When Antibiotics Fail, CRISPR Can Help
Antibiotics have proven to be a saving grace for well over a century. They help battle diseases, eliminating infections before they have a chance to do real damage. However, since they’re so widely prescribed now and fed to animals as well as humans, bacteria have begun to evolve and develop resistance to them.
This evolution is so far along, that Wired has reported some pharmaceutical companies have even begun to shut down their antibiotic production. Without these life-saving medications, what do we do?
Enter Locus Biosciences
Understanding genetics is a powerful thing, even more so when the makeup of pathogens can be used against them. This is what Locus Biosciences aims to do with CRISPR, a set of molecular tools used by scientists to manipulate genetic material. It helps researchers isolate and cut problematic coding in the genes, much like you would do for computer software to reprogram or remove functions.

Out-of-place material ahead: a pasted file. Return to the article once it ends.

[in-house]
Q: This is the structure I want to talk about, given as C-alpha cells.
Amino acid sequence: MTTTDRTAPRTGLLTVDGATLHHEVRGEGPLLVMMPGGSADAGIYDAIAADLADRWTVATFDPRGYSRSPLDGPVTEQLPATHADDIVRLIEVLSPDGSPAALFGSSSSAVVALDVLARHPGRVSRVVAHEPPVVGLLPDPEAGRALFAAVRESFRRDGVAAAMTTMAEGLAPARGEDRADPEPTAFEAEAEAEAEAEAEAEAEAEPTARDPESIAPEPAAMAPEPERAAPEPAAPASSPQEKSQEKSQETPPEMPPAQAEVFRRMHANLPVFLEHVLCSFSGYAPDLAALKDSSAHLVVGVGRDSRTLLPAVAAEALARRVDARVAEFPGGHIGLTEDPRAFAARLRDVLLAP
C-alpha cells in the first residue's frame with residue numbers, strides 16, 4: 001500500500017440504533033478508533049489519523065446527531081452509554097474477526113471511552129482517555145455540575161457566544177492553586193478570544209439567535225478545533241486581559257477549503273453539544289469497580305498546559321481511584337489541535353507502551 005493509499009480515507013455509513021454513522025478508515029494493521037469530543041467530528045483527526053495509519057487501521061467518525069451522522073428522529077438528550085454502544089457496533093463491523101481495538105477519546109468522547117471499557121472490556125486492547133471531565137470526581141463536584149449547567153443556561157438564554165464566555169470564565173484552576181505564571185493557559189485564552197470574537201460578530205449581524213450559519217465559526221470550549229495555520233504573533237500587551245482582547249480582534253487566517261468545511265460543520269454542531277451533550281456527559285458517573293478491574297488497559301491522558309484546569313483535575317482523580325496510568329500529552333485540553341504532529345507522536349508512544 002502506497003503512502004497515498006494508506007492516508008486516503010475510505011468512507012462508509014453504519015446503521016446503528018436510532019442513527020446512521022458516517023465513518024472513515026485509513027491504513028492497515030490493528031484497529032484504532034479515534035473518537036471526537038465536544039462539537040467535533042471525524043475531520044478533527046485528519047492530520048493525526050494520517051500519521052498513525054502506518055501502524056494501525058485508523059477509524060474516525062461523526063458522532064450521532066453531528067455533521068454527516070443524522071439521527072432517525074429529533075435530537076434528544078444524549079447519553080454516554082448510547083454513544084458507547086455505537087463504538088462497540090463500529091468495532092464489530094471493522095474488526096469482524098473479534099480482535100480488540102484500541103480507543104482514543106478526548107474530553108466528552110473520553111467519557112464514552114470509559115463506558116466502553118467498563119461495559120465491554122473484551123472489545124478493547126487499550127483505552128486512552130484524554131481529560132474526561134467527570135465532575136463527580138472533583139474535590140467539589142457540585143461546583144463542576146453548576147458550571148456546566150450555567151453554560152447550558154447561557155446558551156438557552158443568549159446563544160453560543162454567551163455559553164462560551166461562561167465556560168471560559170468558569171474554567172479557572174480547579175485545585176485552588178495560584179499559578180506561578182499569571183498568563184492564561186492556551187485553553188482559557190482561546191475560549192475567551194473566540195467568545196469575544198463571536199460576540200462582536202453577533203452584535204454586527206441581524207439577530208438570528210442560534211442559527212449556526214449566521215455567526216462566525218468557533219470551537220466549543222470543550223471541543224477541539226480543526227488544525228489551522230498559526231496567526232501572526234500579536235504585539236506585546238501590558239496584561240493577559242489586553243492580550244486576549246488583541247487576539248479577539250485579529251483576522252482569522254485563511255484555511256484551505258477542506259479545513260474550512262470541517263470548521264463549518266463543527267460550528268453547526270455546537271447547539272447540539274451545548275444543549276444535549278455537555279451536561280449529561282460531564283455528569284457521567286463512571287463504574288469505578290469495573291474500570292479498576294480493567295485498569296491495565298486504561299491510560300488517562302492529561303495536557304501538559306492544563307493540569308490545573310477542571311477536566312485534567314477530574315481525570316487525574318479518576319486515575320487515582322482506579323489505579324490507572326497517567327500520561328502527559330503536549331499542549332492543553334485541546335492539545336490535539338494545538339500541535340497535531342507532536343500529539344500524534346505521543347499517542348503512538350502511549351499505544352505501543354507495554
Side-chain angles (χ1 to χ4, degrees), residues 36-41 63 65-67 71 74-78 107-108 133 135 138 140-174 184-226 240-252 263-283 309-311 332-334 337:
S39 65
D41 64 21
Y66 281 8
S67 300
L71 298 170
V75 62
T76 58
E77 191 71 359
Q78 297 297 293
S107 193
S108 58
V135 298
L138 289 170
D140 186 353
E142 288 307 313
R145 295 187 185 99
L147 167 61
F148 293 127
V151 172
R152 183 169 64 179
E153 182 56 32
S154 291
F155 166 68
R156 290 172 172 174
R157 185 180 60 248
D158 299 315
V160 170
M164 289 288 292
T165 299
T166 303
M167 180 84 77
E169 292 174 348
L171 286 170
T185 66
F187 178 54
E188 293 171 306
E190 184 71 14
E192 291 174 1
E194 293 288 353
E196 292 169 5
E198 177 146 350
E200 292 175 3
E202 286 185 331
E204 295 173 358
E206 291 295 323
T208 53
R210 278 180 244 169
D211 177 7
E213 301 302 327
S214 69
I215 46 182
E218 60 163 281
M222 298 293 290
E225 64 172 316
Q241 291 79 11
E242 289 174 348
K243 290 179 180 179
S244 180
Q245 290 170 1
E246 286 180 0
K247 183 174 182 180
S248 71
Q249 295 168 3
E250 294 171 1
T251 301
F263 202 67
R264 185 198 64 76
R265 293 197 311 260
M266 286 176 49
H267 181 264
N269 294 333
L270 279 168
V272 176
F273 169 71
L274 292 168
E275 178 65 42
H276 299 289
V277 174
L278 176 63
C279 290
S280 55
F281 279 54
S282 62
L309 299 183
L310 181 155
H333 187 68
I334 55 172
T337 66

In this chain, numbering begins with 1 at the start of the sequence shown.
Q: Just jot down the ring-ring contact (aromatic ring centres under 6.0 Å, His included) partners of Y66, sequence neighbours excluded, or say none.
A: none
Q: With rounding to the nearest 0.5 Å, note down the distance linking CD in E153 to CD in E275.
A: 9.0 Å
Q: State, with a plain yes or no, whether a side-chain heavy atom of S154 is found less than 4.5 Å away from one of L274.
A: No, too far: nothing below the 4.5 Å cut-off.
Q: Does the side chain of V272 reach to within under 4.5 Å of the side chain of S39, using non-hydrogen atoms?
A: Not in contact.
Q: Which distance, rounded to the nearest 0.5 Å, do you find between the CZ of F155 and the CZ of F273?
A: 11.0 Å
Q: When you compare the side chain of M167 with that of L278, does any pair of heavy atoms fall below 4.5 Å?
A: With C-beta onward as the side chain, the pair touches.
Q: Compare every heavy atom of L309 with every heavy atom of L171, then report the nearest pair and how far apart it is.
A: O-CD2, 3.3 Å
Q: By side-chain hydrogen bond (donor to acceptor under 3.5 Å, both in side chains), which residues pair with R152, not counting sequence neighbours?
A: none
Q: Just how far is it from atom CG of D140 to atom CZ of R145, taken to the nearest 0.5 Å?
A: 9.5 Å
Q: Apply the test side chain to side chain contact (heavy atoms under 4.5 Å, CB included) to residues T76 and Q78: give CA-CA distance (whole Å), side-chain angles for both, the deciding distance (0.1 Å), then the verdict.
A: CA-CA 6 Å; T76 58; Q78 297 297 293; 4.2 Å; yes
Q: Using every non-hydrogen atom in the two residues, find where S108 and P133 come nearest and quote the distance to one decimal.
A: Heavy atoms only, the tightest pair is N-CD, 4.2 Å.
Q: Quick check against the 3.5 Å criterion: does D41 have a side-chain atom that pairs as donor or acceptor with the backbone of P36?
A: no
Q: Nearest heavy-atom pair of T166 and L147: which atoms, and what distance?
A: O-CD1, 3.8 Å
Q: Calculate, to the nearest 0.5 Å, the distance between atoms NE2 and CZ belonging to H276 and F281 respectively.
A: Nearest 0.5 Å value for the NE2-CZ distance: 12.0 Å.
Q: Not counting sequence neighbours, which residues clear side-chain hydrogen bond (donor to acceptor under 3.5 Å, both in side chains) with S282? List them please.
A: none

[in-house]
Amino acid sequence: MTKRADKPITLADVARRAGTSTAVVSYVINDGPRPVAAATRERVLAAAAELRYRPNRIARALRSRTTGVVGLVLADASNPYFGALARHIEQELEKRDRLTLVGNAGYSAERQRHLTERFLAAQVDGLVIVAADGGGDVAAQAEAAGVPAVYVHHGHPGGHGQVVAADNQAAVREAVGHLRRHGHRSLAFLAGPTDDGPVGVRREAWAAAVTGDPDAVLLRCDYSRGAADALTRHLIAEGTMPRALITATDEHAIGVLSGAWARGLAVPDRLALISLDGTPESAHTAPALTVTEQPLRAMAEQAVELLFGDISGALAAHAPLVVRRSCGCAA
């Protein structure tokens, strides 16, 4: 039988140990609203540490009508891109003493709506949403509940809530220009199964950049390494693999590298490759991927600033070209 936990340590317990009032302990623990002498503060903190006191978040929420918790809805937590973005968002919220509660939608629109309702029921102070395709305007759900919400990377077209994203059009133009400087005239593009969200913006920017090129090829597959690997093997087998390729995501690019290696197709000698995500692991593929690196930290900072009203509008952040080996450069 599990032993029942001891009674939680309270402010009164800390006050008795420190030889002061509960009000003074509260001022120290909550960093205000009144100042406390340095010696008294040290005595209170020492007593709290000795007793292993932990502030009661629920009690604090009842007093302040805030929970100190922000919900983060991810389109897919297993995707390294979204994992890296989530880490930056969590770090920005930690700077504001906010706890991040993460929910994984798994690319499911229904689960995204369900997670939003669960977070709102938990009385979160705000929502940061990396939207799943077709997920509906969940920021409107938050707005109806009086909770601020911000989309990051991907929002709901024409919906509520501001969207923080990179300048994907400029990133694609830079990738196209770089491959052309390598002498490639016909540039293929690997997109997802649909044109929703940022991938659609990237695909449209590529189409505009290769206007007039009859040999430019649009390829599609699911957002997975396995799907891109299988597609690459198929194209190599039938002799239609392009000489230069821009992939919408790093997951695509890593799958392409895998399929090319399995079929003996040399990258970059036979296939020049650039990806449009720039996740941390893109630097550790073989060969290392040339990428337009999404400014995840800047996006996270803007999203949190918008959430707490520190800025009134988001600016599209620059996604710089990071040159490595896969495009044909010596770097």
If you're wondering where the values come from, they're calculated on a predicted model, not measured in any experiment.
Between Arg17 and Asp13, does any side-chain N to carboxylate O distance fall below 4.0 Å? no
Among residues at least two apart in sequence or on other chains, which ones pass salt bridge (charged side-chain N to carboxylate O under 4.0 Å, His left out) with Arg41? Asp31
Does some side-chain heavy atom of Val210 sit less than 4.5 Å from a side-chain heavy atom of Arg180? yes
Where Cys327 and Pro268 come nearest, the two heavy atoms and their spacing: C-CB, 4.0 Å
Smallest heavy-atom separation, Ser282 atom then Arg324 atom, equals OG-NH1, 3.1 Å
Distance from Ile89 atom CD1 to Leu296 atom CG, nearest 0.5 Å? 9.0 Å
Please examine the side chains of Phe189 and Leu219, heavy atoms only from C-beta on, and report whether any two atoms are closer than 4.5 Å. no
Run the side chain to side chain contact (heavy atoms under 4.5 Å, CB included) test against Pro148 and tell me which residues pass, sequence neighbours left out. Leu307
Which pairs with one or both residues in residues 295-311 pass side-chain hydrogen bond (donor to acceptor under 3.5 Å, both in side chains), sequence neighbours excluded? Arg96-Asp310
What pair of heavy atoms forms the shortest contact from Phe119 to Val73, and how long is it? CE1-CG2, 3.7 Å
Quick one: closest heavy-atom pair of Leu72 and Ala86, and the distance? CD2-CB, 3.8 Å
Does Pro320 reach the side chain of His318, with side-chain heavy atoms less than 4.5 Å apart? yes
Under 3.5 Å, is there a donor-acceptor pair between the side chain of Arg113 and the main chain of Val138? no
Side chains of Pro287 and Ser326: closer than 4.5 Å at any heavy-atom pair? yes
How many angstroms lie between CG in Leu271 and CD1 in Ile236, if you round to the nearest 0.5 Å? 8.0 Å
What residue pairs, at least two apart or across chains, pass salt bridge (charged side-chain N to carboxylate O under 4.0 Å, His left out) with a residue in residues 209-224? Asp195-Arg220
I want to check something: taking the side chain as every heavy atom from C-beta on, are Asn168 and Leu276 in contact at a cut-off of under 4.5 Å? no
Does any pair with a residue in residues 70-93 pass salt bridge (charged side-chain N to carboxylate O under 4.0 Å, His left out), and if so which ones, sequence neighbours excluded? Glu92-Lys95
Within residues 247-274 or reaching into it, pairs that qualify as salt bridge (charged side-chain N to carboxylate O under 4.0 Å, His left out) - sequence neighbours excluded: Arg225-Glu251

Instead of using medications to battle these bacteria and viruses, Crispr aims to make it possible to use to biology to defeat them in the body once and for all. It works first by isolating the genes that pathogens need to function.
Then systems are created that target those genes. A phage is then loaded with the Crispr enzyme Cas3 and given to the patient. The idea is that the phage only targets the bacteria or virus, eradicating it without affecting any other parts of the body.
Where antibiotics can cause side effects, the way Crispr works is to simply remove only the targeted parts. Additionally, there would be no chance for the pathogen to develop a resistance, since it’s being destroyed from the inside out, biologically.
Long Haul Before Success
Like any new medications, procedures or assistive devices, Locus Biosciences has a long way to go before this solution hits the market or even becomes mainstream. The first stage is to undergo human trials to prove the effectiveness of the enzyme.
It could take several years for Crispr-based medications to be available to the public, which means further action is required now.
What is CRISPR?
The main problem is that antibiotics are overprescribed. When this happens, it encourages bacteria to evolve just to survive. If doctors dial back on the prescriptions, they could prove to be effective for many years, hopefully until this Crispr treatment is approved and ready.